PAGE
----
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Located in Corona, Queens, the synagogue building of the Congregation Tifereth Israel was built in 1911 by Ashkenazi Jews. It is a remarkably rare surviving example of Gothic-Moorish revival architecture and remains both the oldest purpose-built synagogue building and oldest synagogue in continuous use in Queens. The building was added to the list of New York City Designated Landmarks in Queens in February 2008.


  • Exterior view of the Gothic-Moorish Revival facade (www.nytimes.com)
  • Interior view of the synagogue (www.nytimes.com)

During the early 1900s, many Ashkenazi Jews moved from various locations in and around New York City to Corona, which at that time had a relatively small Jewish population. The majority of the Congregation Tifereth Israel came from the Lower East Side, which by then was far exceeding its capacity. They were able to move easily to the Queens area due to the construction of the Flushing Railroad in 1853 and improved ferry connections between the 1870s and 1890s. By 1918, Queens boasted eighteen synagogues, two of which were in Corona, though only this one survives to the present day. Many members of the twenty-three thousand Jews living in Queens by 1919 operated theatres or worked at shirtwaist factories located along Corona Avenue.

The Congregation Tifereth Israel was incorporated in 1911 and purchased the plot of land at 54th Avenue in April of that same year. They commissioned Crescent L. Varrone to design the synagogue, and construction started in August 1911. The two-story building was made of a lumber frame covered in clapboard, which has been renovated and replaced with a layer of stucco plaster. It features a  tripartite façade with a raised central entrance, accessed via a double staircase. A roundel with the Star of David is located above the entrance. The façade displays Gothic a Moorish elements, such as rounded- and pointed-arch windows, and a decorative gabled parapet. Towers topped with rounded, onion-shaped peaks were also built on each corner, in contrast to the relatively modest design of the interior. The flat roof is pierced with a skylight.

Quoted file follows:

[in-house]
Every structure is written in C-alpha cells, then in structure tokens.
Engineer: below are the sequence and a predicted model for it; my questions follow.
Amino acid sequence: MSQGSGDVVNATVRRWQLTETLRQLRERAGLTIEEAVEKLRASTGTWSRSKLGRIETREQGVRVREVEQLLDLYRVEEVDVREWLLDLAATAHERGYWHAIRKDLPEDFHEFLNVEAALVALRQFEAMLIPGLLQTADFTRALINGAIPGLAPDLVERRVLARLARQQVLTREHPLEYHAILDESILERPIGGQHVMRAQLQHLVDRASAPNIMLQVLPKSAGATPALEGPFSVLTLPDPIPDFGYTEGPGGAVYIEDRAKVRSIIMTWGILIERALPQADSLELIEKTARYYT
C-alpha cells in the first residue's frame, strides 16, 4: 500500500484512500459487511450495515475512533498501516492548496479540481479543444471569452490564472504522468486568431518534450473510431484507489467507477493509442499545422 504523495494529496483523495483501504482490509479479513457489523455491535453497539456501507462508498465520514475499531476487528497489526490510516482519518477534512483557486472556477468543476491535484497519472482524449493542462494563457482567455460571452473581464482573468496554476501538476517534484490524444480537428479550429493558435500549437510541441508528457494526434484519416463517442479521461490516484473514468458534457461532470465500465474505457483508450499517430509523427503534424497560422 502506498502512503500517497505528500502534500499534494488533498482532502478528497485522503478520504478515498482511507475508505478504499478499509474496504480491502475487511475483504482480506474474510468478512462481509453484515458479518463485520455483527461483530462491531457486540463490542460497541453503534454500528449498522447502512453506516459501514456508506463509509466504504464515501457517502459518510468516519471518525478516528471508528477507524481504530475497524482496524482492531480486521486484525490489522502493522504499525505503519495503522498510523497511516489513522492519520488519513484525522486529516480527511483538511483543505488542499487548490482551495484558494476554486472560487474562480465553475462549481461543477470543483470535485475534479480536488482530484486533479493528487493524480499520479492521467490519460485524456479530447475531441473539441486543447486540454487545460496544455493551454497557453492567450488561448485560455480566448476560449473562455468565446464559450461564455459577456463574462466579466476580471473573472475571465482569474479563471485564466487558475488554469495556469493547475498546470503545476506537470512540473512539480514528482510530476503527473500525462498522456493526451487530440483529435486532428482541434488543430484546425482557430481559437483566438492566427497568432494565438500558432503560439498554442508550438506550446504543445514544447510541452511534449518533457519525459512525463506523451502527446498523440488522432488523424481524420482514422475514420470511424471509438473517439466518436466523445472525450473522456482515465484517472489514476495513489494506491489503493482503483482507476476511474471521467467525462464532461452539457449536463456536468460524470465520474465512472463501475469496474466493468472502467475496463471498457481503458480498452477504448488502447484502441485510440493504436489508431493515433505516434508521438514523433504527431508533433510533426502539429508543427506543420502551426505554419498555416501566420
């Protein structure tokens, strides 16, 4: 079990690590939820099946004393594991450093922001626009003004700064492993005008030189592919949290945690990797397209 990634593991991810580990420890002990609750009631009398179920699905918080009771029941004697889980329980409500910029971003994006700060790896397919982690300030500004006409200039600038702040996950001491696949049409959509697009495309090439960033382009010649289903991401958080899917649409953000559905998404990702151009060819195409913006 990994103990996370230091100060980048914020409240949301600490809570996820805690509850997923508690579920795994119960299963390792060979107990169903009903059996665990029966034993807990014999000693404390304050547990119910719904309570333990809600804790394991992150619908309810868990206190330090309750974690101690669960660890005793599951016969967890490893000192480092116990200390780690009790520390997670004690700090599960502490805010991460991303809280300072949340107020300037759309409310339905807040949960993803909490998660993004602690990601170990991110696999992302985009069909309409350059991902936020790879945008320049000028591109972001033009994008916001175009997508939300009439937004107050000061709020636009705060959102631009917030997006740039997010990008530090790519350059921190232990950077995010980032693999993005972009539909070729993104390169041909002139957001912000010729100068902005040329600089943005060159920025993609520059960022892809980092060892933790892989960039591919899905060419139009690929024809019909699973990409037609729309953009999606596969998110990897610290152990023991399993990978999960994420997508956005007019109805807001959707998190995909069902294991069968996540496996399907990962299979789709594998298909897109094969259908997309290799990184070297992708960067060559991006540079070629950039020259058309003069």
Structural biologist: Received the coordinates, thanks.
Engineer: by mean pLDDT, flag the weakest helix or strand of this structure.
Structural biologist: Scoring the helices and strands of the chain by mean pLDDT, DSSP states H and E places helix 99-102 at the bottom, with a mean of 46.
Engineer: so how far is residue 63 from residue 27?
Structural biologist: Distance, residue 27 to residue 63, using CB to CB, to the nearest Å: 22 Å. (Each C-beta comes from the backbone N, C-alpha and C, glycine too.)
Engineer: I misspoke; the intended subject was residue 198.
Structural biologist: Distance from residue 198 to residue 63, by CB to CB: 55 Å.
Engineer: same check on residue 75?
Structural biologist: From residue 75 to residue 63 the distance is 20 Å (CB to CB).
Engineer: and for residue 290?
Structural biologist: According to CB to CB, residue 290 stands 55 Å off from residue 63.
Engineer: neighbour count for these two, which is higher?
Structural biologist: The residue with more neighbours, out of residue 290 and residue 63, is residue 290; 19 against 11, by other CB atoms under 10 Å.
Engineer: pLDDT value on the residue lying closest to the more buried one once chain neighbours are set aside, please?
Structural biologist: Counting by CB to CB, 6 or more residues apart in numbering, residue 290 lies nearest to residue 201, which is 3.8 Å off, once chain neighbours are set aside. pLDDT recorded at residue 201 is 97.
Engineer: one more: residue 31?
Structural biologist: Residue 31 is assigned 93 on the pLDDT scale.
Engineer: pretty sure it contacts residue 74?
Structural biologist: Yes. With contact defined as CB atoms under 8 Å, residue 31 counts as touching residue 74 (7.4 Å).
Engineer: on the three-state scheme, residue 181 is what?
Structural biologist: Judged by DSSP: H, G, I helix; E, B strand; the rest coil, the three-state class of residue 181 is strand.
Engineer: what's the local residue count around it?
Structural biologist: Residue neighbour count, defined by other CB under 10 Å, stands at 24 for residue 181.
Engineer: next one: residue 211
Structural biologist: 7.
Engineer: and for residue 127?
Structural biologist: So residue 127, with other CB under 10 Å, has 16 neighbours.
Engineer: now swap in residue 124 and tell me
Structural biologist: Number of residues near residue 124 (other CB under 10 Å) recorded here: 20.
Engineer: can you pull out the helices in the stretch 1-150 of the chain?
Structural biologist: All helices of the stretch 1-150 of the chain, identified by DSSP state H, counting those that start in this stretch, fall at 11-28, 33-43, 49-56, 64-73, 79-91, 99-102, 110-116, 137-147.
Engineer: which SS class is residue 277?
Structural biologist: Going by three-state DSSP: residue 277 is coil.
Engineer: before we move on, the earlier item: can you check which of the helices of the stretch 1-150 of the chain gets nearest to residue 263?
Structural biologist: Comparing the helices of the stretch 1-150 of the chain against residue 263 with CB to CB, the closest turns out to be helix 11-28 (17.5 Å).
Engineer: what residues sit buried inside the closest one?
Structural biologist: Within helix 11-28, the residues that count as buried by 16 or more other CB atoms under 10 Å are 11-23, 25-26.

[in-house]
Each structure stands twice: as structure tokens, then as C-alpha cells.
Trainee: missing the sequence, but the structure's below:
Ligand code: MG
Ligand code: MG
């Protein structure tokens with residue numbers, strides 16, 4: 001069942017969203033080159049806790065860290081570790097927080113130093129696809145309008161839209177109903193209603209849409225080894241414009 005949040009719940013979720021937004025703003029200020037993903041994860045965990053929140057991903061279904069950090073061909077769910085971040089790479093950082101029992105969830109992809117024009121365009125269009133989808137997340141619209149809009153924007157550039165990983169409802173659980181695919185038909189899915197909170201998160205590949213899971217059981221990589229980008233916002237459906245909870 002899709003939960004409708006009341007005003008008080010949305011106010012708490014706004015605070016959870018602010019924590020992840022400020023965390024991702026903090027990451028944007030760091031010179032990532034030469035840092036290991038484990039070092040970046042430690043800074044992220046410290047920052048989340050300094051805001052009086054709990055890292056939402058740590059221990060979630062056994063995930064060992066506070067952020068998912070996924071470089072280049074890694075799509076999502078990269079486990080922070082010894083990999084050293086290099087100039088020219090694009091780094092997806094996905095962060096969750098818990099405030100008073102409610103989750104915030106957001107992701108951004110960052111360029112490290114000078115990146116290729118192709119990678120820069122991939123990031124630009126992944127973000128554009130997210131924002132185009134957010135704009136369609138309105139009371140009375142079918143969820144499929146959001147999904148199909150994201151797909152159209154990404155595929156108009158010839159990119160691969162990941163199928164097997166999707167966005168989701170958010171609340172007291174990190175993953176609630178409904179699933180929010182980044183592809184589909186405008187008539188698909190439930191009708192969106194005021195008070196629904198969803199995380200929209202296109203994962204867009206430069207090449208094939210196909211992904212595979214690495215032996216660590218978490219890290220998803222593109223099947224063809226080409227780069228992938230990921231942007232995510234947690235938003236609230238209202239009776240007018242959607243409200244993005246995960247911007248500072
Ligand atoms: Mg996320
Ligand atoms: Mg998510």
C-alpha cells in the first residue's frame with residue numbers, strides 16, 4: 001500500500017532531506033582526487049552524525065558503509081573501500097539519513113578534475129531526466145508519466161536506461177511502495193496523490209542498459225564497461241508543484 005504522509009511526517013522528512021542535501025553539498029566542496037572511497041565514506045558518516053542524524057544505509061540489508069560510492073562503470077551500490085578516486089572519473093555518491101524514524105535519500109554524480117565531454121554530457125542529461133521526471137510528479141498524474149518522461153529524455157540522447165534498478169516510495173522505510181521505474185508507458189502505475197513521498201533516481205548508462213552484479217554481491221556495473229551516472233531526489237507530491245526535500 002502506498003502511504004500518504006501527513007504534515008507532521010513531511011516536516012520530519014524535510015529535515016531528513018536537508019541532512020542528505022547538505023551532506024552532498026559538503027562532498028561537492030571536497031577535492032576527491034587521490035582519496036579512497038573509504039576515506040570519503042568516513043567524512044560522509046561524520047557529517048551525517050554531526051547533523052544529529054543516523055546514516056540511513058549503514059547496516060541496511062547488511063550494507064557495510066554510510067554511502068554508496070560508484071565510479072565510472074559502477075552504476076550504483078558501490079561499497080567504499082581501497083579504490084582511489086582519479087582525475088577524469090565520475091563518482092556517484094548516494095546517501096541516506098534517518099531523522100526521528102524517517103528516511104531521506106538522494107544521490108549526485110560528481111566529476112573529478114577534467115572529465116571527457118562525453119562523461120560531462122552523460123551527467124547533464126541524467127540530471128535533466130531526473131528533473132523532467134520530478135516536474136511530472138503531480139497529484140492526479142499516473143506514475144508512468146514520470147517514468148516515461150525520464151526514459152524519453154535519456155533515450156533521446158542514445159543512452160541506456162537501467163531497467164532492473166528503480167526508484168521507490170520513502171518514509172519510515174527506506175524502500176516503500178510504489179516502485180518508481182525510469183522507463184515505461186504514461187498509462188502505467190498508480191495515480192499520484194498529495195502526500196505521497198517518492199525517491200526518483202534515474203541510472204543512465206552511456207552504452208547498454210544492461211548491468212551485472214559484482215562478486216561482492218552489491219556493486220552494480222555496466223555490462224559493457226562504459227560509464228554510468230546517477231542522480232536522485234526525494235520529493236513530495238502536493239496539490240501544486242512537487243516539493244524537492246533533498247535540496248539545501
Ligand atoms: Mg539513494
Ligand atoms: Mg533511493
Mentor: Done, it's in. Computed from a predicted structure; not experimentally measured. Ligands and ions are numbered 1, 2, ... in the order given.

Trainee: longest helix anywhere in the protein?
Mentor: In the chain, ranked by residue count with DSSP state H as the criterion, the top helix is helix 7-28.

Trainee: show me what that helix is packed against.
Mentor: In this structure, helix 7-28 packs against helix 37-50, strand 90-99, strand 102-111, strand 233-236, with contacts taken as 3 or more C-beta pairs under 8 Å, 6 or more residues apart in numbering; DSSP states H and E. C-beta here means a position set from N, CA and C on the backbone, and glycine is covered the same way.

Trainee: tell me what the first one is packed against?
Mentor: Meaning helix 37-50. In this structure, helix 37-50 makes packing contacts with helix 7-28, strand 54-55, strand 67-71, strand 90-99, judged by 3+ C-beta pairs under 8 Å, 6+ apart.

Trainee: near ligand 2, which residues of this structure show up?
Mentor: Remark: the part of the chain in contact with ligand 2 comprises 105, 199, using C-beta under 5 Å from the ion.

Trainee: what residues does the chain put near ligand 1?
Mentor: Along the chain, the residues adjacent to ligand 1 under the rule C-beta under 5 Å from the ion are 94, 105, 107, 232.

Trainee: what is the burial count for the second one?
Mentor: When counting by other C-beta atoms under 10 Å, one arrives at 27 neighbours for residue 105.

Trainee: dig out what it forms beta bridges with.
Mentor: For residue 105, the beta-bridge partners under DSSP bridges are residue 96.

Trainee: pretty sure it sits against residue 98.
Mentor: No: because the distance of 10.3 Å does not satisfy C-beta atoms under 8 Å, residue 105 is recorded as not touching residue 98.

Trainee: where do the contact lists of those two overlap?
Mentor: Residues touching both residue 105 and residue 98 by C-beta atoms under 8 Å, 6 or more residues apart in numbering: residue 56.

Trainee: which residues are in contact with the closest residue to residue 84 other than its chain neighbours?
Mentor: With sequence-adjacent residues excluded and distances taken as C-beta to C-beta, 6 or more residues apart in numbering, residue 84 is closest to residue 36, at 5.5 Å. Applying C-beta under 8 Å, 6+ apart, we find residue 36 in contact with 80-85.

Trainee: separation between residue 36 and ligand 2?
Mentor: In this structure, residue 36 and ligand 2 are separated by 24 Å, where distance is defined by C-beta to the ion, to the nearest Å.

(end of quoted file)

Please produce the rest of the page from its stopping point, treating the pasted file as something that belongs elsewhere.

In addition to the synagogue, a mikveh (bathhouse) - which was once the residence of the rabbi - and a yeshiva (an institute for the study of the Torah and Talmud) were constructed, though the latter closed in the 1970s and was converted into accommodations for a music studio (once used by Madonna). A Jewish cemetery was also operated. Although the synagogue fell into a state of disrepair during the 1990s, the building continues to be used and cared for by the Ashkenazi Jewish congregation to this day and remains a vital part of their identity and heritage. Work began in 2014 to restore the building and modernize its electricity and heating systems, with plans to cover the exterior walls with wood in the future.

Bertrand, Donald. "Tifereth Israel Synagogue Receives Landmark Status From City." New York Daily News. 2/18/08. Accessed Web, 6/17/17. http://www.nydailynews.com/new-york/queens/tifereth-israel-synagogue-receives-landmark-status-city-a....

Chan, Sewell. "Landmark Status for 1911 Queens Synagogue." The New York Times. 2/12/08. Accessed Web, 6/17/17. https://cityroom.blogs.nytimes.com/2008/02/12/landmark-status-for-1911-queens-synagogue/?_r=1.
 
"Congregation Tifereth Israel." NYC. Accessed Web, 6/17/17. http://www.nyc.gov/html/lpc/downloads/pdf/reports/Tifereth_Israel.pdf.

"Congregation Tifereth Israel." The New York Landmark Conservation. Accessed Web, 6/17/17. http://www.nylandmarks.org/programs_services/grants/sacred_sites_program/projects/congregation_tifer....    

Leduff, Charlie. "The Rabbi's Lost Tribe." The New York Times. 11/16/97. Accessed Web, 6/17/17. http://www.nytimes.com/1997/11/16/nyregion/the-rabbi-s-lost-tribe.html.